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The coronavirus has already begun to transform relationships, for better and for worse. For some, the pandemic has created a need for deeper connections. Others see it as the time to end already failing relationships. In this week’s Modern Love essay, the writer Sarah Rosen’s boyfriend of six months broke up with her on the same day the World Health Organization declared a pandemic. As Ms. Rosen and her partner navigate the murky waters of their breakup, shifting from romantic partners to pandemic partners who still talk daily, they began to wonder: “What are the rules of a breakup in a pandemic?”
How do you keep the romance alive when a government-imposed barrier threatens your relationship? For Karsten Tüchsen Hansen, 89, and Inga Rasmussen, 85, that meant getting creative when the border between their houses in Germany and Denmark was closed. The couple now meets daily at the border crossing, halfway between their two homes, where they sit on either side, a few feet apart, and enjoy a picnic together. “We’re here because of love,” Mr. Tüchsen Hansen said. “Love is the best thing in the world.”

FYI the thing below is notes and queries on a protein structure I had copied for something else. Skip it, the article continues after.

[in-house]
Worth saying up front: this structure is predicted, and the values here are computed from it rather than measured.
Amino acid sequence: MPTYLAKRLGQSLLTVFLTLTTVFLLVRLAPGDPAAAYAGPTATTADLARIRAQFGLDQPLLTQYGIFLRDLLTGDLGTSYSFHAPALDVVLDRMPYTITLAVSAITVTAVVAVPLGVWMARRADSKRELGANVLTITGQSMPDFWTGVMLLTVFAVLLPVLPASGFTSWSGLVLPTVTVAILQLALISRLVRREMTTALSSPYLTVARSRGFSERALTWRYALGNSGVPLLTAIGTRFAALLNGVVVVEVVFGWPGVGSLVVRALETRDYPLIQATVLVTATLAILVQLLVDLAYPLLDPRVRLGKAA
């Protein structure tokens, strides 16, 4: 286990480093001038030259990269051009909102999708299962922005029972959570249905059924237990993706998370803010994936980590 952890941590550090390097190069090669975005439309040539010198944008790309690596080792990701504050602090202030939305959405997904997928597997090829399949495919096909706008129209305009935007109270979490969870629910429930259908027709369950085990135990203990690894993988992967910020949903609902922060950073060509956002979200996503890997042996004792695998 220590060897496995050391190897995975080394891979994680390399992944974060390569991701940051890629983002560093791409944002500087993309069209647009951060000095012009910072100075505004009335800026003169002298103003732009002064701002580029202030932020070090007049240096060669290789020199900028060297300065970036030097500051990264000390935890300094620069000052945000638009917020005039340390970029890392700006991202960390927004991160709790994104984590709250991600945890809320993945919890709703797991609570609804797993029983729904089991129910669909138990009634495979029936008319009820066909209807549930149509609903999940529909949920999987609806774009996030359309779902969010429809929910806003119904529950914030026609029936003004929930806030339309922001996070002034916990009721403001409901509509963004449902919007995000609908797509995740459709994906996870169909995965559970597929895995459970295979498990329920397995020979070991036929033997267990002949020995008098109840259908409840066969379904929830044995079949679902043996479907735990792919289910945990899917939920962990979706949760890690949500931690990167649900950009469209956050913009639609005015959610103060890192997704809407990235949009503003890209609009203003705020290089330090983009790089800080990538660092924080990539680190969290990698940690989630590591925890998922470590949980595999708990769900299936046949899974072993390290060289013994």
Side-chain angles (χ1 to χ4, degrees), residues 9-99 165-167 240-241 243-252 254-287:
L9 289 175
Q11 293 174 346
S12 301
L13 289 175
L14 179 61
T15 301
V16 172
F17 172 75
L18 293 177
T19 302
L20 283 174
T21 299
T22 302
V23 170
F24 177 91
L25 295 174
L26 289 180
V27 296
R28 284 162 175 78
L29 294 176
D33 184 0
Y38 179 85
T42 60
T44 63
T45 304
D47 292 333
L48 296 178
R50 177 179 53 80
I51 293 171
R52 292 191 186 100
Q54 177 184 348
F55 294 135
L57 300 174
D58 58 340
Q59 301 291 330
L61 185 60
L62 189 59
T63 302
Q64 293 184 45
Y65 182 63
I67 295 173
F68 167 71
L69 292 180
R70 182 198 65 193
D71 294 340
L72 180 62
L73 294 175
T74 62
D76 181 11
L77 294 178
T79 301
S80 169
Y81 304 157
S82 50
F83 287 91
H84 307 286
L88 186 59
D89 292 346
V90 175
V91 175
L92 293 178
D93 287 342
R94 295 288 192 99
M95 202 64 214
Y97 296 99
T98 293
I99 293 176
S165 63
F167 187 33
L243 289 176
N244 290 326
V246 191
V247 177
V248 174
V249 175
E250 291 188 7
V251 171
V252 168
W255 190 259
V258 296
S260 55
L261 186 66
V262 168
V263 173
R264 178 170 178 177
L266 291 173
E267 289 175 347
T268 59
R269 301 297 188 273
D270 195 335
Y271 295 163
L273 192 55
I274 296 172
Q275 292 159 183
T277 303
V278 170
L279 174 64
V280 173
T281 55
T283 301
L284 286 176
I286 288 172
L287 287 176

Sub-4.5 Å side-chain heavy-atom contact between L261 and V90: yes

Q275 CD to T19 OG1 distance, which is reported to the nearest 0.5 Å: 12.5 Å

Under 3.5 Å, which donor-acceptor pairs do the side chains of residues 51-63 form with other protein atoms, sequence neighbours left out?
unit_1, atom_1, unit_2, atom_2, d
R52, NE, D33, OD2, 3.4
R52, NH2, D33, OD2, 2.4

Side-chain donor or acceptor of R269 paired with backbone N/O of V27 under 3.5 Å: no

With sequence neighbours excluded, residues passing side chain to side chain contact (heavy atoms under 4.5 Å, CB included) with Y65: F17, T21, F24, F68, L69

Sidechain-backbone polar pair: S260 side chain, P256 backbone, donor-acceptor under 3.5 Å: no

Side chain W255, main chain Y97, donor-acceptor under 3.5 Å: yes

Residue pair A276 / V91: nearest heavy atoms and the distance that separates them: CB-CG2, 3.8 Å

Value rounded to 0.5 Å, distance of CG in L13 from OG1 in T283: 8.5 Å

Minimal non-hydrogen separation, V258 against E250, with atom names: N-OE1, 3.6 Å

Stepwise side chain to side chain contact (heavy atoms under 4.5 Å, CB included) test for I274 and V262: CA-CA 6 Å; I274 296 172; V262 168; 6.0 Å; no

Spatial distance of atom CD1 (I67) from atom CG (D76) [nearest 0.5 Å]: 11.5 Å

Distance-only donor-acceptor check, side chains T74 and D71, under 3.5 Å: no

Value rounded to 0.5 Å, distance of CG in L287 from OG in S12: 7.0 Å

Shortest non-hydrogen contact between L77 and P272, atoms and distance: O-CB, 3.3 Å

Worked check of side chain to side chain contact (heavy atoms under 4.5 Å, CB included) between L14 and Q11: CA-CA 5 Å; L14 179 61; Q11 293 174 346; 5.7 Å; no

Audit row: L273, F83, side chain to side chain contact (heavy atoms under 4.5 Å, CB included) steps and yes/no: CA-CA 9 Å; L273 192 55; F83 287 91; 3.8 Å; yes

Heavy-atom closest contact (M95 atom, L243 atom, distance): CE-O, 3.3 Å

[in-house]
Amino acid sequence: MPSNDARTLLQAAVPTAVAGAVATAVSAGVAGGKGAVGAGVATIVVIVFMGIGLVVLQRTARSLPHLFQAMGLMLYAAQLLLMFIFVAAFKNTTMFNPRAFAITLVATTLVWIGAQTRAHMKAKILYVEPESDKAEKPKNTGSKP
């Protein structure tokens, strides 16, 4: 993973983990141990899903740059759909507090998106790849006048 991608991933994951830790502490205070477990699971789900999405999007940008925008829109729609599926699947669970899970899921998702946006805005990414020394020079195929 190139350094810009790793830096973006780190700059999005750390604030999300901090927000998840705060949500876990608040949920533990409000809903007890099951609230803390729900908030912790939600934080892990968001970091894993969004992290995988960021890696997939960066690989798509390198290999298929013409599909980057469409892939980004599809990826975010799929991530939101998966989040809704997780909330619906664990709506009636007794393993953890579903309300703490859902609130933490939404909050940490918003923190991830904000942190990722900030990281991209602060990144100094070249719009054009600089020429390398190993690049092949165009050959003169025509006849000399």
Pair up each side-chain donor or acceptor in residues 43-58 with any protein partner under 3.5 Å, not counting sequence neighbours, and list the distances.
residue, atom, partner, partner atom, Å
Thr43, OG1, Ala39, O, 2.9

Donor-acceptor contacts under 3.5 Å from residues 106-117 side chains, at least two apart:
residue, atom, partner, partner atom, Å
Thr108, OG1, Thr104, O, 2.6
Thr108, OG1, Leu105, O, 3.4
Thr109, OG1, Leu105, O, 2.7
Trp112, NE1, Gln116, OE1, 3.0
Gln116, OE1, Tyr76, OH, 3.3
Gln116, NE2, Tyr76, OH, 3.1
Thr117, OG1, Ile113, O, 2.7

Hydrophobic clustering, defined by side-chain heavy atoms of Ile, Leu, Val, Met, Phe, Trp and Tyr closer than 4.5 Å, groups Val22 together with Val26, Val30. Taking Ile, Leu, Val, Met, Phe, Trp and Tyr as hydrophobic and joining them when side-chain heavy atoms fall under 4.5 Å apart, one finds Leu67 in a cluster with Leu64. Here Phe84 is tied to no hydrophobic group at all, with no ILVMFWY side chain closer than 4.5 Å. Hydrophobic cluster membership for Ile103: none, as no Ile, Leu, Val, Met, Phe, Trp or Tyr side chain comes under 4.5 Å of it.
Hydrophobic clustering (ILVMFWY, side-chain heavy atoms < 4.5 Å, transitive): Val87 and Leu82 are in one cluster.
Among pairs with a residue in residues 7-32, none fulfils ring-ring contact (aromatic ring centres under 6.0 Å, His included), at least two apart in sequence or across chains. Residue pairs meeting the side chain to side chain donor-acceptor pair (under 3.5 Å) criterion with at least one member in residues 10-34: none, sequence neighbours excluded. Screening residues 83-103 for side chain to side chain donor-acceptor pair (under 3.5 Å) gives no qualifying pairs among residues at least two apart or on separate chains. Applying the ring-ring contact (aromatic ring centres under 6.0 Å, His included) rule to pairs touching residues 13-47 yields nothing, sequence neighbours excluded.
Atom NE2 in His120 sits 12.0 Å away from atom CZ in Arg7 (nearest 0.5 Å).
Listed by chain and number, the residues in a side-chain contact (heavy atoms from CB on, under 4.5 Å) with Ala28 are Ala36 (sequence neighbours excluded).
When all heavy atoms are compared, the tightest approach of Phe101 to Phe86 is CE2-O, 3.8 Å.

And, while self-isolation and social distancing guidelines help limit the spread of the coronavirus, the increased solitude has led to a new potential health threat for those living alone — loneliness. Here are a few tips to help you feel more connected, and we’ll be publishing a callout later today looking for your stories of living alone. Keep an eye out for a link in next week’s newsletter.
Until next time, stay safe and check in on your loved ones.
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